Readers react to the Federal Housing Finance Agency considering changing its credit scoring policy, slam the possibility of enforcing mandatory penalties for data breaches at credit reporting agencies, opine on a startup aiming to hasten the demise of check cashers, and more.
Signage in front of the Fannie Mae and Freddie Mac headquarters.
In support of an argument that the FHFA should not adopt an alternative scoring model for mortgages sold to the GSEs:
“Not everyone should be a homeowner and for those that want to there is a very clear set of steps one needs to take to get there. Let's not endanger the system again to benefit those who have not proven they are reliable financially.”

Related: FHFA should resist calls to weaken mortgage standards
Another reader reacts to the FHFA credit scoring policy debate:
“A credit score alone doesn't endanger the system. A lack of income documentation and allowing higher debt to income ratios are far more dangerous. Performing fully documented subprime is certainly possible. Prudent DTI calculations, job stability and full documentation of income is far more important than a FICO score.”

Related: FHFA should resist calls to weaken mortgage standards
On a startup’s goal to hasten the demise of a paper paycheck for the unbanked:
“Another idea that suggests the unbanked needs help. visit a check cashing location on a busy day and feel the positive relationship between customer and check cashing staff. the customers come back week after week . attempting to design a new way of doing business with multiple players getting fees for referrals and hidden transaction costs eg. ATM fees is very misleading . good luck. why not try to convince the bankers offer a warm and fuzzy product.”

Related: A startup’s ambitious goal: Put check cashers out of business
In response to an op-ed warning against a repeal of the CFPB’s payday rule:
“While I'm no fan of the payday industry, I cannot support a law that will make it harder for someone who can't get a loan from a bank, get a short term loan from a payday lender. Where will a former pay day customer go when they eventually can't get a loan from a pay day lender? Please ask yourself that question before you promote a new law.”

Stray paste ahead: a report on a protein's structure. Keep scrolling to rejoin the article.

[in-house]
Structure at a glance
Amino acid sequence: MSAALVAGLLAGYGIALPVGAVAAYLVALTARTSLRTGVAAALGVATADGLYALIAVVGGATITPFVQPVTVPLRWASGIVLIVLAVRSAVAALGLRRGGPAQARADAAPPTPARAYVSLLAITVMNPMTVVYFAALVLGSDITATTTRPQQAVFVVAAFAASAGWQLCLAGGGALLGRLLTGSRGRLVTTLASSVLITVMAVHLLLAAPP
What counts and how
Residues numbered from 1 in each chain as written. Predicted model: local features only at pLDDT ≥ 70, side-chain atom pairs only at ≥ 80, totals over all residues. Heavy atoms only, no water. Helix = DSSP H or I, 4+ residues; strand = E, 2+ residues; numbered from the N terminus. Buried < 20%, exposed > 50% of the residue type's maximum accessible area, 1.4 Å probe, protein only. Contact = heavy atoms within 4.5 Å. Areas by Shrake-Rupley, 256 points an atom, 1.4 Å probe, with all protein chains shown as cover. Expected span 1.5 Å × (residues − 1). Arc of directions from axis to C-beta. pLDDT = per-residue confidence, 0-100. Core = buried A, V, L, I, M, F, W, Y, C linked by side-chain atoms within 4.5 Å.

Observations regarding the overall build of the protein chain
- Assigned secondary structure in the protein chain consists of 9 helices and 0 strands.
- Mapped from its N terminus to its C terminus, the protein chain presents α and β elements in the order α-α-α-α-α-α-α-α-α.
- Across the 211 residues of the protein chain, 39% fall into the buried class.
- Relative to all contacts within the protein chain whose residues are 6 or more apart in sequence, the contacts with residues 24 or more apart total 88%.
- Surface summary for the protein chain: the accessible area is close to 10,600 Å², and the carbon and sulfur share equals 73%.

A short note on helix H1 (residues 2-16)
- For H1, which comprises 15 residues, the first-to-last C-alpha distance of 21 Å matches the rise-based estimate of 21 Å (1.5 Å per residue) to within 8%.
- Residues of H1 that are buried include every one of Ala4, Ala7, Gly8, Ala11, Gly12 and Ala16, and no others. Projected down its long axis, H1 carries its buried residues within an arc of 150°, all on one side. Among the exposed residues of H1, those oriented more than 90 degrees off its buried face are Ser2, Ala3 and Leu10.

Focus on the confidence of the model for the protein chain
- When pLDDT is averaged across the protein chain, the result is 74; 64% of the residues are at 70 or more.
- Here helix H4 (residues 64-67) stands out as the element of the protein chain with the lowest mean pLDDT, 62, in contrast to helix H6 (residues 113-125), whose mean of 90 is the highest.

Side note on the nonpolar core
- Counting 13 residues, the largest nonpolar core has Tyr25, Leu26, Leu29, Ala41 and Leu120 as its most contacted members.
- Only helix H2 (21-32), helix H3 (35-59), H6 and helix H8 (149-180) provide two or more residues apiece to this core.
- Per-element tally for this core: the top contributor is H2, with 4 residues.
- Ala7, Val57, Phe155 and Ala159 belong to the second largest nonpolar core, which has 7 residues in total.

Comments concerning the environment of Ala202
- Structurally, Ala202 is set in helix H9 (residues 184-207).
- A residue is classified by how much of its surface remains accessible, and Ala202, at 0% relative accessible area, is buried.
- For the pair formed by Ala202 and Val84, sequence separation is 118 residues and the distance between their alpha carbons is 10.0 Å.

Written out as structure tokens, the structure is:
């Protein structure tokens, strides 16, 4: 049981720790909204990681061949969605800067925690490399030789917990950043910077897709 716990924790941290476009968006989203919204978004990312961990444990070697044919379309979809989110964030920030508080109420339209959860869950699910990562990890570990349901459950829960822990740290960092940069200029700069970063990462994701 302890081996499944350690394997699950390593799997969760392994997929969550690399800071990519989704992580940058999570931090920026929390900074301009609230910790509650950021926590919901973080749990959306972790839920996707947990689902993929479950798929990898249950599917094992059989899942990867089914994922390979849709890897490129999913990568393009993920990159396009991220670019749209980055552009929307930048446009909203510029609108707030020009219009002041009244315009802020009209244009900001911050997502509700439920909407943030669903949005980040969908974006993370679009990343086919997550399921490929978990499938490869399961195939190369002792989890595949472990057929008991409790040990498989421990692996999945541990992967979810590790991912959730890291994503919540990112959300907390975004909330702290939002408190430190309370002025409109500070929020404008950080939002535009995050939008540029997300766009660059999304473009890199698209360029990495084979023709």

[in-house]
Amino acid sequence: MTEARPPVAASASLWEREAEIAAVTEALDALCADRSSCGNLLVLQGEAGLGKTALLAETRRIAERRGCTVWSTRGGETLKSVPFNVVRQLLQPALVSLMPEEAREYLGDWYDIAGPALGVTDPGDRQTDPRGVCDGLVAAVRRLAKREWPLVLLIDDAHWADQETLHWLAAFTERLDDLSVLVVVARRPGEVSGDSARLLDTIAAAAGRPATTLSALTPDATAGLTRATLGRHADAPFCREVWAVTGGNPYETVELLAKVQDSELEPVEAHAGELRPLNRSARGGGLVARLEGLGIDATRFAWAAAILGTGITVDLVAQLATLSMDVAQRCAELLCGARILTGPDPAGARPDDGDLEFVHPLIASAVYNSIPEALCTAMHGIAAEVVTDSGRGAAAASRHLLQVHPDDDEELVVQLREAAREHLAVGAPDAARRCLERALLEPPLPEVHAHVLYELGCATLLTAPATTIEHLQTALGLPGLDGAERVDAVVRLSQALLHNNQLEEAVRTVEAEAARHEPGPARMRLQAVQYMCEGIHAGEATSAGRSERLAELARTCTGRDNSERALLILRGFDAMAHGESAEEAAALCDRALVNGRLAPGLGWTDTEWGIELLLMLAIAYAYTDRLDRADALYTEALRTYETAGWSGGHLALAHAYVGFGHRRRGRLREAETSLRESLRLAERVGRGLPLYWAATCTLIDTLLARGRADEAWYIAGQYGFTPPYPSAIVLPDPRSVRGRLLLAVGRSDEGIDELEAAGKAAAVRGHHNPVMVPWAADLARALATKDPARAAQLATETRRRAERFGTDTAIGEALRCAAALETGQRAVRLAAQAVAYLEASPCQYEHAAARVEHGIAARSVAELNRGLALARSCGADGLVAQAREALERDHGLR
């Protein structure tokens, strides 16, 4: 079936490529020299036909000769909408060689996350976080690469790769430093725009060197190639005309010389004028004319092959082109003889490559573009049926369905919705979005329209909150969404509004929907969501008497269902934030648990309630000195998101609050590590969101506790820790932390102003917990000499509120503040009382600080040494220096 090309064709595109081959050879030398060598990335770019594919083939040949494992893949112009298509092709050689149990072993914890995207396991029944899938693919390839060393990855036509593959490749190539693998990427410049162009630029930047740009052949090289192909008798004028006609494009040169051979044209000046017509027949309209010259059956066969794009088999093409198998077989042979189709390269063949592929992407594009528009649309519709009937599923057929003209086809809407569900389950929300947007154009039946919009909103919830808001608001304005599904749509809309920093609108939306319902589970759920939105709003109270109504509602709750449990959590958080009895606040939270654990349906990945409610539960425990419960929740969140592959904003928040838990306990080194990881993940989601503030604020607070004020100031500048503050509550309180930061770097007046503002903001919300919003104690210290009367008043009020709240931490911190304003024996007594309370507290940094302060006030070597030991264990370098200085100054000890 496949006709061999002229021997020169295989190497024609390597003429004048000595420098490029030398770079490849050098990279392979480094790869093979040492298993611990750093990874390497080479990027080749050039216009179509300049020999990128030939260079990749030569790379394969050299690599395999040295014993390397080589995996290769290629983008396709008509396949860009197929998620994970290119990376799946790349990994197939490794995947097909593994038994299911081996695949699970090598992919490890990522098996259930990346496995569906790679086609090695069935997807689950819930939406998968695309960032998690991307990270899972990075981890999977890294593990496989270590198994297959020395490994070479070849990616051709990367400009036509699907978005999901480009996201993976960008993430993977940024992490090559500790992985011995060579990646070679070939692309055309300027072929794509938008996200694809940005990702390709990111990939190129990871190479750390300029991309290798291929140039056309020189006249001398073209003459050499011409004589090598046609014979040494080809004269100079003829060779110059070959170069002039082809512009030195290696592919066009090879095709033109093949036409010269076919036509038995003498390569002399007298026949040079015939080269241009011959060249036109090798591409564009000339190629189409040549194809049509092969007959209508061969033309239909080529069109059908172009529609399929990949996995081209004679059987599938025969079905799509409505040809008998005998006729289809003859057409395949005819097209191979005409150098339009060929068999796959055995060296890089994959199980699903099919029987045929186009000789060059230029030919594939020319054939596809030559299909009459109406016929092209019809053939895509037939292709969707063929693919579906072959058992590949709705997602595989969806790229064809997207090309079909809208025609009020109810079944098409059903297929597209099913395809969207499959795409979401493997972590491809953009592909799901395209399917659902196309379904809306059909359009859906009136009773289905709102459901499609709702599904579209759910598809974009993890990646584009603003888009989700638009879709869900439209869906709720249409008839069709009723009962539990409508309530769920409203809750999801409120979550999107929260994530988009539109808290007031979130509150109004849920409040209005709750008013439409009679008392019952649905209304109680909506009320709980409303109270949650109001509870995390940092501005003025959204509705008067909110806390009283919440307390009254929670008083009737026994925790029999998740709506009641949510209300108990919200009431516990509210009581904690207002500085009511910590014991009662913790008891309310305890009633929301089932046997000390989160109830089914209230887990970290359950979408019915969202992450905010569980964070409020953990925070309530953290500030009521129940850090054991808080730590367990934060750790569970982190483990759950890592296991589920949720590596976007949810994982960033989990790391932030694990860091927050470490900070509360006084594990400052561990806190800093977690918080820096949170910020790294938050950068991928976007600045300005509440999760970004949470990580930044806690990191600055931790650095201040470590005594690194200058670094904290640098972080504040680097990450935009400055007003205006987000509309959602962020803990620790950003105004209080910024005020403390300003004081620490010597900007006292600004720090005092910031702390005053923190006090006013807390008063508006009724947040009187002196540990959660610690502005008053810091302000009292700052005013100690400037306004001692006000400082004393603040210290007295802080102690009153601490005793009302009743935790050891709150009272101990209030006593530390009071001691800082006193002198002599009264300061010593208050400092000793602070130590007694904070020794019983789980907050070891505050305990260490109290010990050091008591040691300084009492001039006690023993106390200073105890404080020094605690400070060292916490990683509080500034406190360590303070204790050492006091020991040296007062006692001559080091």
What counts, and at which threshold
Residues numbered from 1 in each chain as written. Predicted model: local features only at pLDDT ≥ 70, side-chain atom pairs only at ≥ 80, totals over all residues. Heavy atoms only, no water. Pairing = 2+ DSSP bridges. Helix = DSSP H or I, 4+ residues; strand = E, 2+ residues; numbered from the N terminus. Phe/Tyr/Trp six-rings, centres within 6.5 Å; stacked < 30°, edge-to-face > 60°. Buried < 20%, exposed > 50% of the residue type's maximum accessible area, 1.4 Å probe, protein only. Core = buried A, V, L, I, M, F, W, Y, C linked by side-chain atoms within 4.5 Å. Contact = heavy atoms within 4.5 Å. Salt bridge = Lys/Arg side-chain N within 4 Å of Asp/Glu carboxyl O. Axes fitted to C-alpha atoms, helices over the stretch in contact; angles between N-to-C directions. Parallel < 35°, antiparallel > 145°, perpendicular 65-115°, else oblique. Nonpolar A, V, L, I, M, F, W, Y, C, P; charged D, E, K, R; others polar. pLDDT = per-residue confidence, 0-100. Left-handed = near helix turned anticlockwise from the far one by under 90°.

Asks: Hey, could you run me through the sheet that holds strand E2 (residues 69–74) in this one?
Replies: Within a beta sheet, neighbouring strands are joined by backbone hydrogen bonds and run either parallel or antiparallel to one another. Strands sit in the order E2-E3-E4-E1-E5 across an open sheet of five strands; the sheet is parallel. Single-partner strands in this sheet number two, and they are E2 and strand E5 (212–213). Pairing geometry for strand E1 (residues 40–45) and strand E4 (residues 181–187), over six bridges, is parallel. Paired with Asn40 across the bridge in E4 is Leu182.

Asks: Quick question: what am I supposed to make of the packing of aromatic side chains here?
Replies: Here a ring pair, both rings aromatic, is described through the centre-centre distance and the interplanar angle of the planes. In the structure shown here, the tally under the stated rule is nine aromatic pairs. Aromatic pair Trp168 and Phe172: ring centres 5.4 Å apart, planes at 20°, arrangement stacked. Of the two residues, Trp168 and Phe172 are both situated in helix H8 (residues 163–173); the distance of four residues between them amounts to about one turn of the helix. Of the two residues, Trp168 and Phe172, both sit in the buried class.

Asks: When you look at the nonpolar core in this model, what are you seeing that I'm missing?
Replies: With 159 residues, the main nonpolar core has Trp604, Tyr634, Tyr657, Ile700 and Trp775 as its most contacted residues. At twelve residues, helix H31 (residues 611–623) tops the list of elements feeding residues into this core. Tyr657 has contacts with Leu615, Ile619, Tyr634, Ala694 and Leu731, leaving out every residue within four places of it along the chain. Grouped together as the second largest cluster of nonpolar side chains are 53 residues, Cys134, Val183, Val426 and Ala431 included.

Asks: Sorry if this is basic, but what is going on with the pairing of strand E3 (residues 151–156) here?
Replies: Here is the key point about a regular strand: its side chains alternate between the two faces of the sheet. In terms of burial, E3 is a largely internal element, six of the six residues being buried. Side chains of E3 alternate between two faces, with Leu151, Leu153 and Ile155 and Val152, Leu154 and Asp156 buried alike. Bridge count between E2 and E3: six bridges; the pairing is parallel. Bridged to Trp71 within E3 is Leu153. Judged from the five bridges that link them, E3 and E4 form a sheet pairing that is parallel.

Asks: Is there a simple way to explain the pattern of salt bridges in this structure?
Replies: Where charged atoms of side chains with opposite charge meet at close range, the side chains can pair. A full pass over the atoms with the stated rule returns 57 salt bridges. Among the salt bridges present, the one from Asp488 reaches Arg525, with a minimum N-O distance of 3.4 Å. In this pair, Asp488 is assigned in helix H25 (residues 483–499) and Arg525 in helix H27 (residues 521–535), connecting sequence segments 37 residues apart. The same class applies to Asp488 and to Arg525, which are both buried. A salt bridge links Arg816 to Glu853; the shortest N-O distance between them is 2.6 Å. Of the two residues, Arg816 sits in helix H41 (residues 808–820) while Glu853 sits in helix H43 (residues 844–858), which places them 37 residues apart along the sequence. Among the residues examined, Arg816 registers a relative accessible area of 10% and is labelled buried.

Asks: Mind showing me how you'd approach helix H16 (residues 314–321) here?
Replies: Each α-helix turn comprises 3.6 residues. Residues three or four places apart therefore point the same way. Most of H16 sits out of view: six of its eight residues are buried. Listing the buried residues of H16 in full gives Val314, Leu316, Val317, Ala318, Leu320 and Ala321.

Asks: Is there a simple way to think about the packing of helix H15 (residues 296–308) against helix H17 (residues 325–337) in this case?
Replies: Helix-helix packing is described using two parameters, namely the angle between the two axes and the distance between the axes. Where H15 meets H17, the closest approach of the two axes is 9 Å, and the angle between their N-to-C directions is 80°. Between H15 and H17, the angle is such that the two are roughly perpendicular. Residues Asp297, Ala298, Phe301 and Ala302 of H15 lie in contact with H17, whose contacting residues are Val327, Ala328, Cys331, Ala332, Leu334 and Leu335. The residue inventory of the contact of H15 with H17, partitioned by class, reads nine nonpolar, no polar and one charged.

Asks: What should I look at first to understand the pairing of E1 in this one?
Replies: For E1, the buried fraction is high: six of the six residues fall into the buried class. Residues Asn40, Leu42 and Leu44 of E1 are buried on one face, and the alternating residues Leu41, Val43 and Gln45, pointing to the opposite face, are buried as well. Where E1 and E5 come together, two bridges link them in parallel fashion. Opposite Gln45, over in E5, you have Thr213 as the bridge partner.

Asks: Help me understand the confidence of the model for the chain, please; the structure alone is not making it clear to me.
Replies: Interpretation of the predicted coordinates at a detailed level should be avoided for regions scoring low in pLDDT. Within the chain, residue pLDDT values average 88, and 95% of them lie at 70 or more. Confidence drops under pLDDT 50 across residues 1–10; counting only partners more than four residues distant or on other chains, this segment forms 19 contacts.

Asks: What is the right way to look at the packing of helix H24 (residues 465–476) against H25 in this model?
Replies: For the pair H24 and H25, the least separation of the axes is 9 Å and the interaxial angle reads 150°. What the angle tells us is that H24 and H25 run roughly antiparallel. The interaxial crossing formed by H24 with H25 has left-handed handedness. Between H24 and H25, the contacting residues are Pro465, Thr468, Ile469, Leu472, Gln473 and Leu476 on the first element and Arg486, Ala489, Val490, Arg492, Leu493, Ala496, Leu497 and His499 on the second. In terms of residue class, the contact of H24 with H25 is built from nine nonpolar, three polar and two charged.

Related: Payday rule will protect, not harm, vulnerable consumers
J. Mark McWatters
On the prospect of J. Mark McWatters, the chairman of the National Credit Union Administration, leading the CFPB:
“As a long-time community commercial banker, and now a CU employee for the last 8 years, I can tell you that McWatters has been a breath of fresh air from a regulatory standpoint. He is skeptical of big government and heavy-handed regulation, and advocates for accountability and transparency in the agencies that regulate financial institutions. Community banks could do a lot worse than having someone with those perspectives in charge of the CFPB.”

Related: Bankers anxious as Trump mulls credit union regulator for CFPB
In response to a defense of McWatters as CFPB head:
"This guy lives in Fantasyland, his members compete like every other business but pay no taxes. So we can’t expect him to be able to discern between fantasy and reality. McWatters has waged war against community banks and we are being very realistic to believe he would continue to do so at the CFPB. His track record matters, he can’t run away from it now."

Related: Credit union regulator more than qualified to run CFPB
On calls to create mandatory penalties for data breaches at the credit reporting agencies:
“Fines aren't likely to stop the breaches, so this is just redistribution of wealth. Still, why do we even need these third party credit bureaus to hold consumer's data and charge for access to it? Instead, we could have a technology enabled solution that keeps personal financial data (and other types of personal information like medical info) in the hands of the consumer (and their providers) that allows data to be shared with the consumer's consent.”

Related: Warren, Warner propose 'massive' fines for breaches at credit bureaus